# Show the Subset of the Vector Space of Polynomials is a Subspace and Find its Basis ## Problem 153

Let $P_3$ be the vector space over $\R$ of all degree three or less polynomial with real number coefficient.
Let $W$ be the following subset of $P_3$.
$W=\{p(x) \in P_3 \mid p'(-1)=0 \text{ and } p^{\prime\prime}(1)=0\}.$ Here $p'(x)$ is the first derivative of $p(x)$ and $p^{\prime\prime}(x)$ is the second derivative of $p(x)$.

Show that $W$ is a subspace of $P_3$ and find a basis for $W$. Add to solve later

## Proof.

### Subspace criteria

To show that the subset $W$ of the vector space $P_3$ is a subspace, we need to check that

1. the zero vector in $P_3$ is in $W$
2. for any two vectors $u,v \in W$, we have $u+v \in W$
3. for any scalar $c$ and any vector $u \in W$, we have $cu \in W$.

#### Check Condition 1

First note that the zero vector in $P_3$ is the zero polynomial, which we denote $\theta(x)$.
Thus we have $\theta(x)=0$ for any $x$.

The derivative of the zero function is still the zero function, we have
$\theta'(x)=0, \text{ and } \theta^{\prime\prime}(x)=0.$

Therefore the zero vector $\theta(x)$ satisfies the following defining relations for $W$
$\theta'(-1)=0 \text{ and } \theta^{\prime\prime}(1)=0$ and thus the zero vector $\theta(x)$ is in $W$.
Thus condition 1 is met.

#### Check Condition 2

To check condition 2, let $f(x), g(x) \in W$.
Then $f(x)$ and $g(x)$ satisfy
$f'(-1)=0, f^{\prime\prime}(1)=0, \text{ and } g'(-1)=0, g^{\prime\prime}(1)=0.$ Let $h(x):=f(x)+g(x)$. We want to show that the sum $h(x)=f(x)+g(x)$ is in $W$.

We have
$h'(x)=(f(x)+g(x))’=f'(x)+g'(x)$ and similarly we have
$h^{\prime\prime}(x)=f^{\prime\prime}(x)+g^{\prime\prime}(x).$

Thus we obtain
$h'(-1)=f'(-1)+g'(-1)=0+0=0 \text{ and } h^{\prime\prime}(1)=f^{\prime\prime}(1)+g^{\prime\prime}(1)=0+0=0.$ Therefore $h(x)$ satisfies the defining relations of $W$ and hence $h(x)=f(x)+g(x) \in W$.
So condition 2 is satisfied.

#### Check Condition 3

Condition 3 can be checked as follows. Let $f(x) \in W$ and let $r\in R$.
We want to show that the scalar product $k(x):=rf(x)$ is in $W$.

Since $f(x)$ is in $W$, we have
$f'(-1)=0, f^{\prime\prime}(1)=0.$

Note that we have
$k'(x)=(rf(x))’=rf'(x), \text{ and } k^{\prime\prime}(x)=rf^{\prime\prime}(x).$

Thus we see that
$k'(-1)=rf'(-1)=r\cdot 0=0 \text{ and } k^{\prime\prime}(1)=rf^{\prime\prime}(1)=r\cdot 0=0.$

Thus $k(x)$ satisfies the defining relations of $W$ and hence the scalar product $k(x)=rf(x)$ is in $W$.
Therefore condition 3 and thus all conditions are met, and we conclude that $W$ is a subspace of $P_3$.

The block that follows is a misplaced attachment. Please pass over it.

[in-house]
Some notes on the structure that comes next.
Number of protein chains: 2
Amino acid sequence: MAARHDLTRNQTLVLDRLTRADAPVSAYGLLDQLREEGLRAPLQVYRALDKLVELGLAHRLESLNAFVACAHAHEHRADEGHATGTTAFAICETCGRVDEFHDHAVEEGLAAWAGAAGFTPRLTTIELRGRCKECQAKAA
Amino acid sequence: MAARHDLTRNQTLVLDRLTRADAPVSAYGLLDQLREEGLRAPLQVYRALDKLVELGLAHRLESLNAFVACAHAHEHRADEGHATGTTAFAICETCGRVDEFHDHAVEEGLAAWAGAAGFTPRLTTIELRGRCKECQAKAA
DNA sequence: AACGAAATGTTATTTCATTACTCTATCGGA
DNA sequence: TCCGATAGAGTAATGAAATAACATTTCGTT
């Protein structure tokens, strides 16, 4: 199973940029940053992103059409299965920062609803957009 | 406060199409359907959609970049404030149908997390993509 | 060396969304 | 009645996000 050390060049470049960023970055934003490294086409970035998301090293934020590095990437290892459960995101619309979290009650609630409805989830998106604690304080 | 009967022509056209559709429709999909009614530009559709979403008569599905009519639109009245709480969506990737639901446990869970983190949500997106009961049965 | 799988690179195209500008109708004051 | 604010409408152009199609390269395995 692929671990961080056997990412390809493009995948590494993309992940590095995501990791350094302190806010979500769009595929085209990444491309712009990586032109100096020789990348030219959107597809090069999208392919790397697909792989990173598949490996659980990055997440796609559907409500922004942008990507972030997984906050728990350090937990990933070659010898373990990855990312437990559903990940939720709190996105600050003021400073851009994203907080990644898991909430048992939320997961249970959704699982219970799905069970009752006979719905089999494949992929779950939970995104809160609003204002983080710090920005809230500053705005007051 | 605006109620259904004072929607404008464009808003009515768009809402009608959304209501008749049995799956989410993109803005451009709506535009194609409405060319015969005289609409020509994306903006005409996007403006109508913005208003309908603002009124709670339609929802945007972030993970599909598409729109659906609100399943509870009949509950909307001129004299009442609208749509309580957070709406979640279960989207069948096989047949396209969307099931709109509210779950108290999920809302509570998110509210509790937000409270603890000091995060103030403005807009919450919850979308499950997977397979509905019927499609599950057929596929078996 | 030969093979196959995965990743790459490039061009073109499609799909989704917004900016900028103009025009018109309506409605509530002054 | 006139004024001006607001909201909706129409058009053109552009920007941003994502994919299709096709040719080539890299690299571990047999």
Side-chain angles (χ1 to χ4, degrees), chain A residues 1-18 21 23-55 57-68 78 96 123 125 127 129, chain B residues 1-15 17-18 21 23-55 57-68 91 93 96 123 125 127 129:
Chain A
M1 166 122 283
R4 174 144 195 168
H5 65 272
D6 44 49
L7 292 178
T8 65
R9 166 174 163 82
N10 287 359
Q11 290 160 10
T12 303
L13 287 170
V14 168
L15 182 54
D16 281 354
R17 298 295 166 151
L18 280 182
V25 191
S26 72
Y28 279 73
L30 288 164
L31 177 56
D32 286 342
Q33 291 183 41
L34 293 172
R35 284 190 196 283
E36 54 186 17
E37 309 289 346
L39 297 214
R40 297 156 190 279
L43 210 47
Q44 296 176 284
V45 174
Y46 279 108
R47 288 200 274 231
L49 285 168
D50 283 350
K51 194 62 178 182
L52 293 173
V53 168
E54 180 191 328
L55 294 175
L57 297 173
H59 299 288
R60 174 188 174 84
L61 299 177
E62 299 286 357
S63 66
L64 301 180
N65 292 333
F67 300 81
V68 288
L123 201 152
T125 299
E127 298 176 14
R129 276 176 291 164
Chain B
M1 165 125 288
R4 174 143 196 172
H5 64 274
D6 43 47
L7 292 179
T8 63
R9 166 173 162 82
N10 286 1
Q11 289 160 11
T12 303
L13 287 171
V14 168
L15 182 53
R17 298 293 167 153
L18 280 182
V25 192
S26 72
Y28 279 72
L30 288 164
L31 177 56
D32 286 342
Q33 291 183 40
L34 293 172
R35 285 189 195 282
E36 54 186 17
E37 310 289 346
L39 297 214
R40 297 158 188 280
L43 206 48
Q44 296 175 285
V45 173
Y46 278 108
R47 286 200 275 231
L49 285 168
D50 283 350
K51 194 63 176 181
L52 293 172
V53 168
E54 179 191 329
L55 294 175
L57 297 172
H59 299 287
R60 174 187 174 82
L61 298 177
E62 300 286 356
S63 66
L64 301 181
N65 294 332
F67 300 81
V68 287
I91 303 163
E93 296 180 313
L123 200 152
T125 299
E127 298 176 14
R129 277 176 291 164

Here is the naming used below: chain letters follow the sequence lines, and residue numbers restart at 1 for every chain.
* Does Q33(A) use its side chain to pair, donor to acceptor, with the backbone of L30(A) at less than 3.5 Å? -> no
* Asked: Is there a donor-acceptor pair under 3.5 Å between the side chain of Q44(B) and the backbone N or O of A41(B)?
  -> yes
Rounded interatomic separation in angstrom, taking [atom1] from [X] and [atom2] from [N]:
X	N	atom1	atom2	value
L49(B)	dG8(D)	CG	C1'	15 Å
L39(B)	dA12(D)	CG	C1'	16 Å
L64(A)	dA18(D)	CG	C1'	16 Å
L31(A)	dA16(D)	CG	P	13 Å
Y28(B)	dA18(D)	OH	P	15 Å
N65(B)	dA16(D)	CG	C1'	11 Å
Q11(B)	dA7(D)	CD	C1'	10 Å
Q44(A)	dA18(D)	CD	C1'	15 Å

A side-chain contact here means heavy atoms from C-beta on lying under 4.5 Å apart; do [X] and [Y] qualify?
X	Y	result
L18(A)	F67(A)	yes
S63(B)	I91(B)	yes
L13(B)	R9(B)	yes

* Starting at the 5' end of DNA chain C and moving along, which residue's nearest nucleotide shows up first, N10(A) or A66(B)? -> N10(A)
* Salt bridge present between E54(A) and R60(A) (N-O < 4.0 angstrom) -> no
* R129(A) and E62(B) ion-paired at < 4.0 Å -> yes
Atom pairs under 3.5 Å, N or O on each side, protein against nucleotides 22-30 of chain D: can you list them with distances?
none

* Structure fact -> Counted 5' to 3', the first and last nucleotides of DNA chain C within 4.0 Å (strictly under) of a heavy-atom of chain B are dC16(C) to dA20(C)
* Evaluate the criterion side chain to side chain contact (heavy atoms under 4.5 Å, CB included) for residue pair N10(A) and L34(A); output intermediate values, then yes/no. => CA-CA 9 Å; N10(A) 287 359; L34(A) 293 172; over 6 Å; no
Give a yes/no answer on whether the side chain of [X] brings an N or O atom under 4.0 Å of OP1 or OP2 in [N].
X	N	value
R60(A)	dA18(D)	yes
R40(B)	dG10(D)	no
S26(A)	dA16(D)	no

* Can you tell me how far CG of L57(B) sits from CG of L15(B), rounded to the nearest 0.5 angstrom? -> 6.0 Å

### Find a basis for the subspace $W$.

To find a basis, we observe the following.

Any vector in $W$ is a polynomial
$p(x)=a_0+a_1x+a_2x^2+a_3x^3$ satisfying
$p'(-1)=0 \text{ and } p^{\prime\prime}(1)=0.$

Since we have
$p'(x)=a_1+2a_2x+3a_3x^2 \text{ and } p^{\prime\prime}(x)=2a_2+6a_3x,$ the above conditions become
$a_1-2a_2+3a_3=0 \text{ and } 2a_2+6a_3=0.$ To find solutions for these equations consider the augmented matrix
$\left[\begin{array}{rrr|r} 1 & -2 & 3 & 0 \\ 0 &2 & 6 & 0 \end{array} \right].$ We apply the elementary row operations to this matrix and obtain the following reduced row echelon matrix.
$\left[\begin{array}{rrr|r} 1 & 0 & 9 & 0 \\ 0 &1 & 3 & 0 \end{array} \right].$ Thus, solutions are\begin{align*}
a_1&=-9a_3\\
a_2&=-3a_3.
\end{align*}

Therefore, any polynomial $p(x)$ in $W$ can be written as
\begin{align*}
p(x)&=a_0-9a_3x-3a_3x^2+a_3x^3\\
&=a_0(1)+a_3(-9x-3x^2+x^3).
\end{align*}

In particular we see that the polynomials $q_1(x):=1$ and $q_2(x):=-9x-3x^2+x^3$ are in $W$.
Since any vector $p(x) \in W$ is a linear combination of $q_1(x)$ and $q_2(x)$, the set $\{q_1(x), q_2(x)\}$ is a spanning set for $W$.

We check that $q_1(x)$ and $q_2(x)$ are linearly independent.
If we have a linear combination
$c_1q_1(x)+c_2q_2(x)=0(=\theta(x)),$ then we have
$c_1-9c_2x-3c_2x^2+c_2x^3=0.$

Thus we see that $c_1=c_2=0$ and the vectors $q_1(x)$ and $q_2(x)$ are linearly independent.
Therefore $\{q_1(x), q_2(x)\}$ is a linearly independent spanning set for $W$, and thus it is a basis for $W$.

In summary we found a basis
$\{1, -9x-3x^2+x^3\}.$

Remark: The dimension of $W$ is $2$. Add to solve later

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